Why Set Up a CTS Reading Group?
Are you looking to get CTS booklets into the hands of more parishioners? Would you like to catechise your parishioners in a simple way, while fostering a sense of community in your parish?
A CTS Reading Group encourages catechesis and spiritual nourishment in an informal setting, while helping parishioners to connect with one another. It is a wonderful way for a parish to grow in faith together but doesn’t require expensive resources or trained catechists.
How to Set Up a CTS Reading Group
No matter your experience in catechesis or your role in the parish, starting a CTS Reading Group couldn’t be easier. All you need is a place to hold it, some willing participants, and a CTS booklet to read before you meet each time.
Follow our simple how-to guide below for everything you need to start:
Decide on a CTS title
Do your parishioners want to deepen their prayer life? Are they eager to learn more about their faith or the saints? Would they like to sink their teeth into Scripture? There are plenty of titles to choose from – see our recommendations below.
Advertise the group
Put up posters in the church, advertise in the bulletin, and ask the Parish Priest if you can talk about it at the end of Mass. Why not see if neighbouring parishes are happy for you to promote it there too? And of course – don’t forget to invite your friends!
When people get together to share food, the atmosphere becomes more relaxing and people feel at ease. The meal could be provided by the host or perhaps a potluck supper. For something more low-key, sandwiches could also work or even just tea and biscuits!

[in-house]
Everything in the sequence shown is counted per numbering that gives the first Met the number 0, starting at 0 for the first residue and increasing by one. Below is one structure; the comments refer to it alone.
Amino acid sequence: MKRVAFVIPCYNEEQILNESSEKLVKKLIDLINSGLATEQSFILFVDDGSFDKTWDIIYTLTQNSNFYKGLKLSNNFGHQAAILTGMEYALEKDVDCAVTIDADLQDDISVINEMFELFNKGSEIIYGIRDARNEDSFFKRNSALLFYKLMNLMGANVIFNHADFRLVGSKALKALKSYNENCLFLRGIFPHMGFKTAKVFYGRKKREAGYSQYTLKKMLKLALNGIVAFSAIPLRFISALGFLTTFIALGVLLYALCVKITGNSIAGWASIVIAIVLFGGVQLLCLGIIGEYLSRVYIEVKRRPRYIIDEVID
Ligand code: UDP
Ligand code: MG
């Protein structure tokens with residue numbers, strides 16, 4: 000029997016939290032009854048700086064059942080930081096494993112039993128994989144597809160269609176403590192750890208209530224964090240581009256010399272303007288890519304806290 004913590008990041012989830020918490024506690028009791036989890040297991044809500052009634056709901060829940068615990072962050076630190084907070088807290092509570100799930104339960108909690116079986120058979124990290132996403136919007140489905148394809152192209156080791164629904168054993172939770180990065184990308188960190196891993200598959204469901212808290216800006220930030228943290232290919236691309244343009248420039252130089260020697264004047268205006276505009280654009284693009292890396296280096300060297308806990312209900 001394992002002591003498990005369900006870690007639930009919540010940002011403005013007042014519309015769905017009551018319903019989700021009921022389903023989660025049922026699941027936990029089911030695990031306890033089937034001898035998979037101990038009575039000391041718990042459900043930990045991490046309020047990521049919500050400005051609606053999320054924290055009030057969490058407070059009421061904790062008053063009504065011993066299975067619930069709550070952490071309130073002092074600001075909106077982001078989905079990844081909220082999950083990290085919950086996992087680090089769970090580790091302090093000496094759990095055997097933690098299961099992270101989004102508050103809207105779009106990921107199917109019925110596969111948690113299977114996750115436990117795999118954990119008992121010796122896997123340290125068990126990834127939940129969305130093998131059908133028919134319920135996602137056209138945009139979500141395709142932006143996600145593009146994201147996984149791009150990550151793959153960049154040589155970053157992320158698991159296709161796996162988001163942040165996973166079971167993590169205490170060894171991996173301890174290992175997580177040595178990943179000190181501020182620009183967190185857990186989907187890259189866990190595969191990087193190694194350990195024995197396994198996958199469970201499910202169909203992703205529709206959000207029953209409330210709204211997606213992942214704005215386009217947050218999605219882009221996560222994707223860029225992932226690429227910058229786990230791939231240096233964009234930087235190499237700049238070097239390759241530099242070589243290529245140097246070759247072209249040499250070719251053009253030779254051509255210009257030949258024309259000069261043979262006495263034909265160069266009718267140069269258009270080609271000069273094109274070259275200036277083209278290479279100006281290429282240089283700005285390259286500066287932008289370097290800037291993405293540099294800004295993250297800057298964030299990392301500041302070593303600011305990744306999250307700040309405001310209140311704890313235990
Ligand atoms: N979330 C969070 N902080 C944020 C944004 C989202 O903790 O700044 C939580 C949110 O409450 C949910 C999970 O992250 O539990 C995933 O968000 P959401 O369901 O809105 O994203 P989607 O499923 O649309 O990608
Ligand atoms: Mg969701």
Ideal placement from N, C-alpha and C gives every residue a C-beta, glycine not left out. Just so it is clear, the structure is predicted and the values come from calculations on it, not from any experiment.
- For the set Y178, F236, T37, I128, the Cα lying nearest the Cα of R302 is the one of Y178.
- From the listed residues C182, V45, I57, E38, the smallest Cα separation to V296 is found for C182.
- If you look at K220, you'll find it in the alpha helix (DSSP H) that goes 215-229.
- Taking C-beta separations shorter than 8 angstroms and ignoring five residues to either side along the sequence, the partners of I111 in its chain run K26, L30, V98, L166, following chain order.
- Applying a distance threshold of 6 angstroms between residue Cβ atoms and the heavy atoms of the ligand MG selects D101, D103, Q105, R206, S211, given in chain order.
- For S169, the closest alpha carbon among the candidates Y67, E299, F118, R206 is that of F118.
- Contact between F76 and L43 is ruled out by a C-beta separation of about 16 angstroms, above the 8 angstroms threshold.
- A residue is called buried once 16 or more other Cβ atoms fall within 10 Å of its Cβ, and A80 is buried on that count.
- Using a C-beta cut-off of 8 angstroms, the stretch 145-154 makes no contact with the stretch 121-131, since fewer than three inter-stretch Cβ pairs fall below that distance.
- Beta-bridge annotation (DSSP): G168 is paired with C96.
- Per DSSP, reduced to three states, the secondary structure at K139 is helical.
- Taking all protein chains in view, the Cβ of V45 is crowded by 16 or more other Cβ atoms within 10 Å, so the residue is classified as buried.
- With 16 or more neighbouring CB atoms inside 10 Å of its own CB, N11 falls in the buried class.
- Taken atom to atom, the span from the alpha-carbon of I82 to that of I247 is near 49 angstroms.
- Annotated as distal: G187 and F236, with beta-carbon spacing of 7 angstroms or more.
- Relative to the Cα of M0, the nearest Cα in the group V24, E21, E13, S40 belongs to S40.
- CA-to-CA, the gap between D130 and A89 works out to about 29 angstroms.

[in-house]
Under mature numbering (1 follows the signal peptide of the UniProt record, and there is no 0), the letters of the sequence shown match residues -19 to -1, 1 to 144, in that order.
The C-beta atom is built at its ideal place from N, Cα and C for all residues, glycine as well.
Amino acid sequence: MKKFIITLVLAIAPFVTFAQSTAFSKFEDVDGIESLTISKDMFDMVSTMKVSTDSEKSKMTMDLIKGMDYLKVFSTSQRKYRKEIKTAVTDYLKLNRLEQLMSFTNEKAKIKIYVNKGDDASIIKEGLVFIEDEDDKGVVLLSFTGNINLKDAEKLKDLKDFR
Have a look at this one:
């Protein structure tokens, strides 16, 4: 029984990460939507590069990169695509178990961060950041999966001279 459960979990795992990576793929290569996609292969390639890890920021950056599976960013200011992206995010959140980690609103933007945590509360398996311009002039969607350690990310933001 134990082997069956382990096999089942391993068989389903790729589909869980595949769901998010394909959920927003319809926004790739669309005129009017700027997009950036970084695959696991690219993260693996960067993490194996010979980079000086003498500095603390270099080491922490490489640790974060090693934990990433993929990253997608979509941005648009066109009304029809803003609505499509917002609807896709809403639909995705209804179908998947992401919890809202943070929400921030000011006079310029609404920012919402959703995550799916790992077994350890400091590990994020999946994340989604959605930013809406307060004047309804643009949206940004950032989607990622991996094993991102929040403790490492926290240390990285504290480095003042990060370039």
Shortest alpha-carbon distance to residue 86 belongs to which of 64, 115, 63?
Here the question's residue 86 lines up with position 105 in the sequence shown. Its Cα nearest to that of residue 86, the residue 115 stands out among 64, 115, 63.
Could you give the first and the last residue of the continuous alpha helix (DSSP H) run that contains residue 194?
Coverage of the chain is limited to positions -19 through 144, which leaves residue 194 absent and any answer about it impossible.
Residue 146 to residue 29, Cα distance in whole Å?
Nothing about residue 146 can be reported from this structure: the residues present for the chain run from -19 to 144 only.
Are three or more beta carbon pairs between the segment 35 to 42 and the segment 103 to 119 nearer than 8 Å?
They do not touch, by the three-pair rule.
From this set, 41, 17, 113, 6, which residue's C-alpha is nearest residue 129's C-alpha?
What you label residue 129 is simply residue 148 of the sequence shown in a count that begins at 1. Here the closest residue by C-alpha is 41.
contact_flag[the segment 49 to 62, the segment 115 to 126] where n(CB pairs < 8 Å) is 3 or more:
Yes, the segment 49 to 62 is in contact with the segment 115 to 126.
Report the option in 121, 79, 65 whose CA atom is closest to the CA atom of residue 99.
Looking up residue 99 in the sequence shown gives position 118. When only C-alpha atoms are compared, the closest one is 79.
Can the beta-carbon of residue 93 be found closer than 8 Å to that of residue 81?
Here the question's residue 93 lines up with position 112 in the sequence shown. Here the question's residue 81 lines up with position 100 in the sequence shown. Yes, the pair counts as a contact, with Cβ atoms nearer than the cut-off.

Talk about the book you’ve read
Reading CTS publications can be a communal activity in a Reading Group. What thoughts struck you while you were reading? How has reading the book impacted you? Hearing the reflections of others on the book may also, in turn, help you to grow in faith. If you’re the group leader, don’t forget to have some discussion points ready to help the group focus their thoughts if necessary, and to keep the discussion on track.
Make time for group prayer
At the end of the discussion, leave some time for prayer. You might want to encourage spontaneous prayer, or if people are not comfortable with that you can say an Our Father, Hail Mary, and Glory Be. If your group is held at the parish, the Parish Priest may be able to come for the last 5 minutes (if he can’t make the rest of the group) and say a closing prayer and blessing. Whatever style of prayer you choose, praying together will help the group and its members to grow and flourish.